Apple’s version is still bolted into the phone, and the new, free Google app must be downloaded from Apple’s app store. Google says the app was downloaded 10 million times in just its first two days of availability last week.
The reappearance of Google Maps on the iPhone closes a big advantage Google’s own Android phones had gained when Apple’s replacement turned out to lack some key features, such as labeling of buildings and businesses, street-view photos and public-transit routing. It also offered too much inaccurate location data.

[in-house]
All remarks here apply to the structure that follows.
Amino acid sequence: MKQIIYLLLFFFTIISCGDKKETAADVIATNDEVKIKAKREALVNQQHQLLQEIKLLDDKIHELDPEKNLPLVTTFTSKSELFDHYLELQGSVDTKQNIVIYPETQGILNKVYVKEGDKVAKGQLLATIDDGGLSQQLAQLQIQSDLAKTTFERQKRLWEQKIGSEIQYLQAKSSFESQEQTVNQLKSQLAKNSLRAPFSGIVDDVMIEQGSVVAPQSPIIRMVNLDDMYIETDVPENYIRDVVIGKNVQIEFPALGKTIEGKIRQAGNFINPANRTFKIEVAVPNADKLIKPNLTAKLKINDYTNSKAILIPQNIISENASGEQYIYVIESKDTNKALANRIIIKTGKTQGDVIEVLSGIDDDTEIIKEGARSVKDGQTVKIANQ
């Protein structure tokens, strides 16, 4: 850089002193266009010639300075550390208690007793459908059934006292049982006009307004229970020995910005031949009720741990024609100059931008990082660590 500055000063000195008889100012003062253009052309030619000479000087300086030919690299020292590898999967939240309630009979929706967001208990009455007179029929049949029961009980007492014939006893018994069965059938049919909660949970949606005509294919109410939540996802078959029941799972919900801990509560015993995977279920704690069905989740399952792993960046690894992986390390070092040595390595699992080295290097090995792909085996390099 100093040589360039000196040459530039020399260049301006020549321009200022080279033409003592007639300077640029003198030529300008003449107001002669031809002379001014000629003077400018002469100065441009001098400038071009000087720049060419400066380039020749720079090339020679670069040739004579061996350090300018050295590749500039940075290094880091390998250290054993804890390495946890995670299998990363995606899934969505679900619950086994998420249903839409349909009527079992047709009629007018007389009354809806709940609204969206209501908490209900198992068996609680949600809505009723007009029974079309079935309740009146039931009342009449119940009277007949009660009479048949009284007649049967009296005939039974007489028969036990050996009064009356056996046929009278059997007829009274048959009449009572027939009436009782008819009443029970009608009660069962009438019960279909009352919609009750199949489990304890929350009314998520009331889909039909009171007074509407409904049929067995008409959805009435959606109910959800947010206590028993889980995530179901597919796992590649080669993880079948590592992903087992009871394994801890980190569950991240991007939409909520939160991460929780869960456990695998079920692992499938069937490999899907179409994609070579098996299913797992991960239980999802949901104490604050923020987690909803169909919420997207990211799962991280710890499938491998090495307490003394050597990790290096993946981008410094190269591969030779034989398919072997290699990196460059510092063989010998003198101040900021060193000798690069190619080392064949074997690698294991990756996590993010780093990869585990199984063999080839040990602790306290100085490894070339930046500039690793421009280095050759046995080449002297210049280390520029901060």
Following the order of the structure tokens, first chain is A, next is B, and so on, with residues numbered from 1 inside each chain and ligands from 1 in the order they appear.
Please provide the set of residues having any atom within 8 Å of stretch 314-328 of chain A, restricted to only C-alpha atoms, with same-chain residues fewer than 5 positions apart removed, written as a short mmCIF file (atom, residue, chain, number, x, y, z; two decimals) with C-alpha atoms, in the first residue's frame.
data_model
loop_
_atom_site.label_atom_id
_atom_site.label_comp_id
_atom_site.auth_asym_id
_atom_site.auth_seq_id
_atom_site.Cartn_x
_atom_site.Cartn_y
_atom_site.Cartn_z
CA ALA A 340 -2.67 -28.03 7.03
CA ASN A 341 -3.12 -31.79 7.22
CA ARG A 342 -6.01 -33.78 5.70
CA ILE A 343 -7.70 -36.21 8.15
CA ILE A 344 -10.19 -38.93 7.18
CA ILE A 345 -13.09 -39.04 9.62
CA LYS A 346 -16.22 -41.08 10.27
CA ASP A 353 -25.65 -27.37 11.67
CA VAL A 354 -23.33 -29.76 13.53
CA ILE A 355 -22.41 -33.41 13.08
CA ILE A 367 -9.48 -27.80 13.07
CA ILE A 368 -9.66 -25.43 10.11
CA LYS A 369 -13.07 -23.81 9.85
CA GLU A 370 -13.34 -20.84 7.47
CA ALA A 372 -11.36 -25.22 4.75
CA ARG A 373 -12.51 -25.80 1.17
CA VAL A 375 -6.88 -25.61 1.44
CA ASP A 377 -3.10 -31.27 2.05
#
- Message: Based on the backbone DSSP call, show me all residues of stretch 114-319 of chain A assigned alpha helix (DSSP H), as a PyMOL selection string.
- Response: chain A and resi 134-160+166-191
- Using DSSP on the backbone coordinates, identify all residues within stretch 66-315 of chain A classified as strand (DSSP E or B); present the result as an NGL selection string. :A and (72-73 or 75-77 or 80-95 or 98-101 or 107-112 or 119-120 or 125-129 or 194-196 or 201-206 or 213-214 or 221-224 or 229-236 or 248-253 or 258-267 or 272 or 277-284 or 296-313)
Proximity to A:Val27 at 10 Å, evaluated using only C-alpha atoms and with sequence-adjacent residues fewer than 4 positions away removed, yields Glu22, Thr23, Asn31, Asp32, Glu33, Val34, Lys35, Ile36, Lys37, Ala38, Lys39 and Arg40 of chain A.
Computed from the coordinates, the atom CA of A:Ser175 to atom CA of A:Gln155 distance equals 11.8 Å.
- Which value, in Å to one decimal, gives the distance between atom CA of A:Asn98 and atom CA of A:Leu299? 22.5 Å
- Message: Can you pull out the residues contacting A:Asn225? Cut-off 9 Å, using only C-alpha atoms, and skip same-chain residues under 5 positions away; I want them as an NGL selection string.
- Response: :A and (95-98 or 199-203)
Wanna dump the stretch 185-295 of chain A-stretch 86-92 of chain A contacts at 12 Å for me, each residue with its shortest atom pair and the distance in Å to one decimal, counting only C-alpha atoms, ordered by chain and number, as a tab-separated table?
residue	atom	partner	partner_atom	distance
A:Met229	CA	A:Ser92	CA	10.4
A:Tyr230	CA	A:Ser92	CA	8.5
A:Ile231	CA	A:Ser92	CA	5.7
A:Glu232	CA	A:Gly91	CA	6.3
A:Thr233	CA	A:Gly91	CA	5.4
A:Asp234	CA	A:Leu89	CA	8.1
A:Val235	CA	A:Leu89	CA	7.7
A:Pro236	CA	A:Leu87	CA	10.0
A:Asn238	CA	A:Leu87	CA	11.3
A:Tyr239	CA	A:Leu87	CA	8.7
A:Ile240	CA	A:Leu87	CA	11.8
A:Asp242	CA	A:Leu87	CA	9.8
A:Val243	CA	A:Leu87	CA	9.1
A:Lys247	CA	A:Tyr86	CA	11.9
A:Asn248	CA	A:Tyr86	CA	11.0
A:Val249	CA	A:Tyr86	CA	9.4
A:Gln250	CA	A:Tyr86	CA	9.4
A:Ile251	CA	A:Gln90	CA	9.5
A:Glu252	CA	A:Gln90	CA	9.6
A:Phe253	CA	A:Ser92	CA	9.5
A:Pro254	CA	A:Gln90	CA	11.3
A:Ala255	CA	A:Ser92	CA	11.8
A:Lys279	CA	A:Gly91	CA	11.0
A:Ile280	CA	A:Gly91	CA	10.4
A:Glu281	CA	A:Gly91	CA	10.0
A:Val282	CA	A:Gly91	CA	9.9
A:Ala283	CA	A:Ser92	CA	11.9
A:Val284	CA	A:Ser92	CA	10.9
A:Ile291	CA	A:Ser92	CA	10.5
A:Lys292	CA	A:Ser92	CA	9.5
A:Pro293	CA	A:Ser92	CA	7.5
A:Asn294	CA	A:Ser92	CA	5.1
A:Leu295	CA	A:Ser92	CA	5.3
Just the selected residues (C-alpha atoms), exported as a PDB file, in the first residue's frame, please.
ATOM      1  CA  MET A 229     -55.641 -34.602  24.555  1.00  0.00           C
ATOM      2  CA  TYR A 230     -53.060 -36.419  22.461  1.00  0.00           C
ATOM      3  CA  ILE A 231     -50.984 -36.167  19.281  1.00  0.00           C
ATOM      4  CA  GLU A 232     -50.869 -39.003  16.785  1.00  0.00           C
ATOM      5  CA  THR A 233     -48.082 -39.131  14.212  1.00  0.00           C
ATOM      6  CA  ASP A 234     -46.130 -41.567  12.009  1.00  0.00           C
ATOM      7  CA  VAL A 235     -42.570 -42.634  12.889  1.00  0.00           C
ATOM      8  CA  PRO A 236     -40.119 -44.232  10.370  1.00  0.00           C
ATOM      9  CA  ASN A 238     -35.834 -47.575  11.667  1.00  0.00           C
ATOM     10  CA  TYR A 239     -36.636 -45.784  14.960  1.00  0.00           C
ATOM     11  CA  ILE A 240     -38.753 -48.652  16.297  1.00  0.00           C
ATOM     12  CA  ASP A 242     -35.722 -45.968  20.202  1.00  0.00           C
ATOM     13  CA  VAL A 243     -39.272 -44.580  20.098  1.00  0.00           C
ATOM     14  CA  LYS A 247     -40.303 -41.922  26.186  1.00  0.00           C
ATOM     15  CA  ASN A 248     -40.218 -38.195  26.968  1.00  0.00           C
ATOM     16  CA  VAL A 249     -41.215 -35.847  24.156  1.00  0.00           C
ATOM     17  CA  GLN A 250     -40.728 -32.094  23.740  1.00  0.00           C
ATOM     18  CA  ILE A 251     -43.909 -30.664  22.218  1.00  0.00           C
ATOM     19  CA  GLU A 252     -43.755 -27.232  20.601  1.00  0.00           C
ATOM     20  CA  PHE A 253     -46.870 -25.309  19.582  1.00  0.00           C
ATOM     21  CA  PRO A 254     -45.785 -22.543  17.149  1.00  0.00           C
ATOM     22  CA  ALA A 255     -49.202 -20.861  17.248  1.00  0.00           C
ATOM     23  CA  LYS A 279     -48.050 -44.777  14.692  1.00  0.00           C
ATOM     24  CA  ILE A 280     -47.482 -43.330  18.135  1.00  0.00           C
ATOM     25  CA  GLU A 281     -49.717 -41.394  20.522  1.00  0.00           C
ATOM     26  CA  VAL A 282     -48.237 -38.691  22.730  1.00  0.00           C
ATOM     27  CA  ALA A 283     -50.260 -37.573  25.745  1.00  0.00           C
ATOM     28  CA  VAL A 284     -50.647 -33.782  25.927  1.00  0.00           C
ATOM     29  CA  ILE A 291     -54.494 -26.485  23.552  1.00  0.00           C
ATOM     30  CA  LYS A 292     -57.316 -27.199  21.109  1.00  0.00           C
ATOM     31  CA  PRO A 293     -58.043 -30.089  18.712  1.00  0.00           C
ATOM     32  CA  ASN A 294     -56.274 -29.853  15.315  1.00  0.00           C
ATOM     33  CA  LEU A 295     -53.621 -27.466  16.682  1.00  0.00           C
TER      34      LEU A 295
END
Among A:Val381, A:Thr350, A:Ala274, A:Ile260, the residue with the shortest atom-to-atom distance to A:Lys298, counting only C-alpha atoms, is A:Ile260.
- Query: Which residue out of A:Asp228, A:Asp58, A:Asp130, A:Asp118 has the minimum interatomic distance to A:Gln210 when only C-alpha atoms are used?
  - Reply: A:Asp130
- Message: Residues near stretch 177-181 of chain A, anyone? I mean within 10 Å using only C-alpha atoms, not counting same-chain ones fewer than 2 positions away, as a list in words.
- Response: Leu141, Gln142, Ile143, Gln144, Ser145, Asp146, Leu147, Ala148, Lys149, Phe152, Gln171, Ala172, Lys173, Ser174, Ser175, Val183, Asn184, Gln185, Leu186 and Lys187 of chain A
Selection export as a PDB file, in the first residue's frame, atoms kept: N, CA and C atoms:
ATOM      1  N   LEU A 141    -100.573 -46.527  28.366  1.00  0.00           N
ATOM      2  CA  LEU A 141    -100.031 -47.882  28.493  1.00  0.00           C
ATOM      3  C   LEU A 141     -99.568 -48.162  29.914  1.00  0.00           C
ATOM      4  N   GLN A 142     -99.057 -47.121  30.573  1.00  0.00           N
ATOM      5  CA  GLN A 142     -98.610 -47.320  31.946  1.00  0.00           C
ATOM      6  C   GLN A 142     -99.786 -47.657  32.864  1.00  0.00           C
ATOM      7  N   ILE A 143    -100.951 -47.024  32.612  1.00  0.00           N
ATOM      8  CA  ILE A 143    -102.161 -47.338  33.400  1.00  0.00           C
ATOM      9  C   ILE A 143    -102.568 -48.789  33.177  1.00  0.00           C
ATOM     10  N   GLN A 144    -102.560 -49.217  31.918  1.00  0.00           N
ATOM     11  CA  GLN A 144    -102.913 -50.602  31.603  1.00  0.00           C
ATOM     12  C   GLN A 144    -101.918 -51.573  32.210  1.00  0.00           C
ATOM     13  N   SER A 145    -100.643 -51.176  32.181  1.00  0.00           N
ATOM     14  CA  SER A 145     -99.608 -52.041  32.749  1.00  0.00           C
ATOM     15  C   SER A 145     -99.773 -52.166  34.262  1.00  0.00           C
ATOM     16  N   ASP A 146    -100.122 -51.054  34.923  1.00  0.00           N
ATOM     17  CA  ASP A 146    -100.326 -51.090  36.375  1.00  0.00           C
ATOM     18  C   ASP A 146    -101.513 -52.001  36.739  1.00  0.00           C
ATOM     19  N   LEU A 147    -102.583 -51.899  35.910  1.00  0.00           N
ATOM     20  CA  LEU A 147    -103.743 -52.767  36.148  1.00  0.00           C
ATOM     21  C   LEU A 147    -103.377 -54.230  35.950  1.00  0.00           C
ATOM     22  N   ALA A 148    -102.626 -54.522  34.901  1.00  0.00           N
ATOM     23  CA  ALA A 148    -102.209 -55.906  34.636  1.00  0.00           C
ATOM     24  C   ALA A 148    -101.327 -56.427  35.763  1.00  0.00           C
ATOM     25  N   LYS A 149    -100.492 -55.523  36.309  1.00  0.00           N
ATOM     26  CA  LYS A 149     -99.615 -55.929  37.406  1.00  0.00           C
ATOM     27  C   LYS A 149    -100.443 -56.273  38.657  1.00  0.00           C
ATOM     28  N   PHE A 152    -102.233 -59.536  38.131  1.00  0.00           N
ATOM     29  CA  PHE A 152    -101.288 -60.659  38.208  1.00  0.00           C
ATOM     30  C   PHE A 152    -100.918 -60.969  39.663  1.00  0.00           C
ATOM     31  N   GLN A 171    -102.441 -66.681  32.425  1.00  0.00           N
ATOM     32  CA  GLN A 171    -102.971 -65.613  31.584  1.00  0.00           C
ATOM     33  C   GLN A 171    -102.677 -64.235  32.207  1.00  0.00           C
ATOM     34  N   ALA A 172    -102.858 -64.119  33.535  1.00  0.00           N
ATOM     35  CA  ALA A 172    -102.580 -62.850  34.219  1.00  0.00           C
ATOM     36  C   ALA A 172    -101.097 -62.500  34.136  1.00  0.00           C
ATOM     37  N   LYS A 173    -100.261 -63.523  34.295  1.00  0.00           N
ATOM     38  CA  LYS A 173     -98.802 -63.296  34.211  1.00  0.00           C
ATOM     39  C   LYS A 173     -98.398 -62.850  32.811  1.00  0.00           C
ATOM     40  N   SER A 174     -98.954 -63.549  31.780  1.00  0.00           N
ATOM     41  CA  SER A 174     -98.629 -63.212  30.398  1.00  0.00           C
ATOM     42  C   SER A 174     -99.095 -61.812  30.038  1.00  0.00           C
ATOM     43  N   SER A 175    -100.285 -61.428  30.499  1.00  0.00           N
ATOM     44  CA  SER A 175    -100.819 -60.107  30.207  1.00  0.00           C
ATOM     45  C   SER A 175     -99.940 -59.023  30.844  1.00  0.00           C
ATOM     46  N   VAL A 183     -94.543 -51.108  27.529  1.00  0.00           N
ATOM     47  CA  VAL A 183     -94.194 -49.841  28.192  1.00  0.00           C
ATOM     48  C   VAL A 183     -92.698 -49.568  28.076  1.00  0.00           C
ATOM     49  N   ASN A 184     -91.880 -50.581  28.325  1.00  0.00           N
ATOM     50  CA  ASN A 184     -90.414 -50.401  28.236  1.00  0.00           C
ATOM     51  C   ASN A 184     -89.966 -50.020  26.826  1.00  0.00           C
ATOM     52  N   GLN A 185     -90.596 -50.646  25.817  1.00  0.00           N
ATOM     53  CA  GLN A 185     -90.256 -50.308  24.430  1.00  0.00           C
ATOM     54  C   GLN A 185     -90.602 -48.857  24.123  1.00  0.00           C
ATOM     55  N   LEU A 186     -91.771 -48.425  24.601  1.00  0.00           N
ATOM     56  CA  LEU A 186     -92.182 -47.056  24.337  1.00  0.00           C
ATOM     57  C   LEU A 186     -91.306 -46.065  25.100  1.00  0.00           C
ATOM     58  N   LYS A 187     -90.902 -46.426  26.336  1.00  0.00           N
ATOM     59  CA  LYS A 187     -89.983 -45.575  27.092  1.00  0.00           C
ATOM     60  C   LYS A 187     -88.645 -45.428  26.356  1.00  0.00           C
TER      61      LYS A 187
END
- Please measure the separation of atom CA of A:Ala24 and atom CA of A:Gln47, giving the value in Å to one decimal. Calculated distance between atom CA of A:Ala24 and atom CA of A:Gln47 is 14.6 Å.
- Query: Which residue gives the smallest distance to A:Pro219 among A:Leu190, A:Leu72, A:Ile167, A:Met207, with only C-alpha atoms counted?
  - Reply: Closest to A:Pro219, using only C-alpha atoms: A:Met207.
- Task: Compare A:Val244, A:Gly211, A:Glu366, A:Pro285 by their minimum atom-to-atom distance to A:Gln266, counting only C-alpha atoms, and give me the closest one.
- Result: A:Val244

Why would Google bail out iPhone users and give its rival’s phone a better version of its Maps app than its own Android customers enjoy, even temporarily? Because, while Apple makes its money from hardware, Google is a services and advertising company, and wants its products to be heavily used on a popular platform like Apple’s.